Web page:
MR-guided focused ultrasound plus chemo cures tumors in mice
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MR-guided focused ultrasound plus chemo cures tumors in mice

by Lauren Dubinsky, Senior Reporter | December 08, 2015
Medical Devices MRI Rad Oncology Ultrasound X-Ray
Clockwise from top left:
A tumor is heated with ultrasound;
heat map of tumor during treatment;
PET scan shows nanoparticles in surviving
tumor margin; bright contrast
agent shows area damaged by heat.
Courtesy of Andrew Wong
A technique that combines MR-guided focused ultrasound surgery (MRgFUS) and chemotherapy has shown promise in curing tumors in mice, according to new research from UC Davis. A paper discussing the research was published in The Journal of Clinical Investigation.

MRgFUS is a noninvasive procedure that involves an ultrasound beam that heats and destroys tissue, and an MR system to guide the beam and monitor the effects of treatment. It’s already FDA approved for the treatment of uterine fibroids and palliation of bone metastases, but the researchers hope that its indication will expand by supplementing it with chemotherapy.

“There is a great deal of work going on in tailoring MRgFUS to specific organs and there are challenges,” Katherine W. Ferrara, professor of biomedical engineering at UC Davis, told HCB News. “For example, the motion of the liver and the higher perfusion of the kidney must be accounted for. Still, we are very optimistic as to the future of using this technique in various cancers.”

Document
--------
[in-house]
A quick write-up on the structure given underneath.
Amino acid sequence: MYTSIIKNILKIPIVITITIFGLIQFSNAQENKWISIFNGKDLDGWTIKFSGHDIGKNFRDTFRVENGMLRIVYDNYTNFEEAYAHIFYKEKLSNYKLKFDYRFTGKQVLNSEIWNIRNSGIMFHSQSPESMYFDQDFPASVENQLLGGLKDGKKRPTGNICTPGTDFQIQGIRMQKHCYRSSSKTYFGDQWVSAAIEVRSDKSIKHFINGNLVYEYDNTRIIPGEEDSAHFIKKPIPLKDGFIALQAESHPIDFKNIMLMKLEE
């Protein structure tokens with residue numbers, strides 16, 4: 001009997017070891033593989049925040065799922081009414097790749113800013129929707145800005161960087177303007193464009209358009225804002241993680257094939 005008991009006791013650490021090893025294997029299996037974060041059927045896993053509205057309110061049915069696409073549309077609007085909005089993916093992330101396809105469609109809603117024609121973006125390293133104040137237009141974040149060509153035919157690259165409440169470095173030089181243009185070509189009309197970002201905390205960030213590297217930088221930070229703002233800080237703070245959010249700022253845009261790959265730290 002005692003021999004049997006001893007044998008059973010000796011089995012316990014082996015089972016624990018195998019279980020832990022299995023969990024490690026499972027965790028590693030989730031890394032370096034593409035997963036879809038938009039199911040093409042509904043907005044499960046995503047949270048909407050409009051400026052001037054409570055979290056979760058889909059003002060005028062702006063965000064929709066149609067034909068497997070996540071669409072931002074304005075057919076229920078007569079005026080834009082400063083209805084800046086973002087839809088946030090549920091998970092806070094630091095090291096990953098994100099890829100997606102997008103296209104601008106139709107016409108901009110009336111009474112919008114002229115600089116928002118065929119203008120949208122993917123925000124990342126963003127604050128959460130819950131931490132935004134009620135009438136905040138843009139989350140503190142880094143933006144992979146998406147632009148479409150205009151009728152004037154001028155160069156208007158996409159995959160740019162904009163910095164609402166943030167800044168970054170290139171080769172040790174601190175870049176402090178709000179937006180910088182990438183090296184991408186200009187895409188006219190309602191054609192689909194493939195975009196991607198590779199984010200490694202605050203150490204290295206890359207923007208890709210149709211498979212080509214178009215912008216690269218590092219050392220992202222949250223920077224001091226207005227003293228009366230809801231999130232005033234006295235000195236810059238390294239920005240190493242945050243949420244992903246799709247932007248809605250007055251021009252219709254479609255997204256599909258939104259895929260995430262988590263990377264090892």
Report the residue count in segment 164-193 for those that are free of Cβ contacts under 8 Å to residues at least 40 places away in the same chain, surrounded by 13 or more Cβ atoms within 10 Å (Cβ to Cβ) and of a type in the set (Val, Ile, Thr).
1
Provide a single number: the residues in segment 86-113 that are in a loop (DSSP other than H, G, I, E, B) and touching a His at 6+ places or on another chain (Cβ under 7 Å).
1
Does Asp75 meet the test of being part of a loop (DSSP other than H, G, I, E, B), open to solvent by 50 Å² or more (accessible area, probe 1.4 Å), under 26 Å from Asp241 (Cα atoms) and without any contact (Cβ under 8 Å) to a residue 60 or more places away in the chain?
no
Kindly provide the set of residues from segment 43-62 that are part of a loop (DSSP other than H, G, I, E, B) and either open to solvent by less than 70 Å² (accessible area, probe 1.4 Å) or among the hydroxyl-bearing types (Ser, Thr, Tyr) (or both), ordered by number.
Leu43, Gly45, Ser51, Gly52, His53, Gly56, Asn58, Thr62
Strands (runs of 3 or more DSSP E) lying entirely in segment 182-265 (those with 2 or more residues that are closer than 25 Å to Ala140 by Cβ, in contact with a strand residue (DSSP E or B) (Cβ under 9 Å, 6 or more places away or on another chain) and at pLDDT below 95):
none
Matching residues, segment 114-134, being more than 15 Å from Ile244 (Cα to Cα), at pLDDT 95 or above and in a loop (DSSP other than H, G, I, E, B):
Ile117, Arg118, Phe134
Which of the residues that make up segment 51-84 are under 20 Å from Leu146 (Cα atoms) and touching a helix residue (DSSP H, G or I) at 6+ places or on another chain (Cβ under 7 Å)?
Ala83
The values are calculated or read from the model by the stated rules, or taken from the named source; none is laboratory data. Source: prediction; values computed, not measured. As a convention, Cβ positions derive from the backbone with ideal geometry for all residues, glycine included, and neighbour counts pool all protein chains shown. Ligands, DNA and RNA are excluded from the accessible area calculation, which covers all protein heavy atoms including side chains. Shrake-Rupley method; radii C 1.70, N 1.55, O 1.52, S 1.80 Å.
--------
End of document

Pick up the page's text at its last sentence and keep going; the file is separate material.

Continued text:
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When the UC Davis researchers combined MRgFUS and chemotherapy they found that it can destroy a whole tumor without thermal destruction of the tumor margin. They also found a significant increase in the amount of anti-cancer chemotherapy within several types of MRgFUS thermal ablation-treated tumors.

In Ferrara’s previous research she found that ultrasound-induced mild hyperthermia can improve the accumulation of tiny nanoparticles that transport anti-cancer drugs, but the degree of accumulation depends on the type of tumor. The team thinks that combining thermal ablation with chemotherapy could improve the accumulation across various types of tumors.

The researchers used different techniques including PET/CT, MR, autoradiography and fluorescence imaging to track nanoparticles filled with the chemotherapy drug, doxorubicin, in a mouse with breast cancer. They uncovered that the ultrasound damaged the tumor and induced a local immune response so that the nanoparticles accumulated in the tumor and increased the drug concentration 50-fold.

In addition, the high drug concentrations remained over several weeks, which increased the tumor’s total exposure to the drug. The researchers concluded that MRgFUS improved drug accumulation and resulted in improved survival and a consistent cure in their preclinical trial for breast cancer, even when part of the tumor was left intact.

They also showed that a carefully designed protocol that involves heat-activated nanoparticles that are gently heated by ultrasound and release the chemotherapy drugs in the vascular system surrounding the tumor is also an effective cure.

The researchers are also working on coupling the same and slightly different techniques with immunotherapy. “Ultimately, we feel that this combination of ablation, drug and immunotherapy will be very powerful,” wrote Ferrara.

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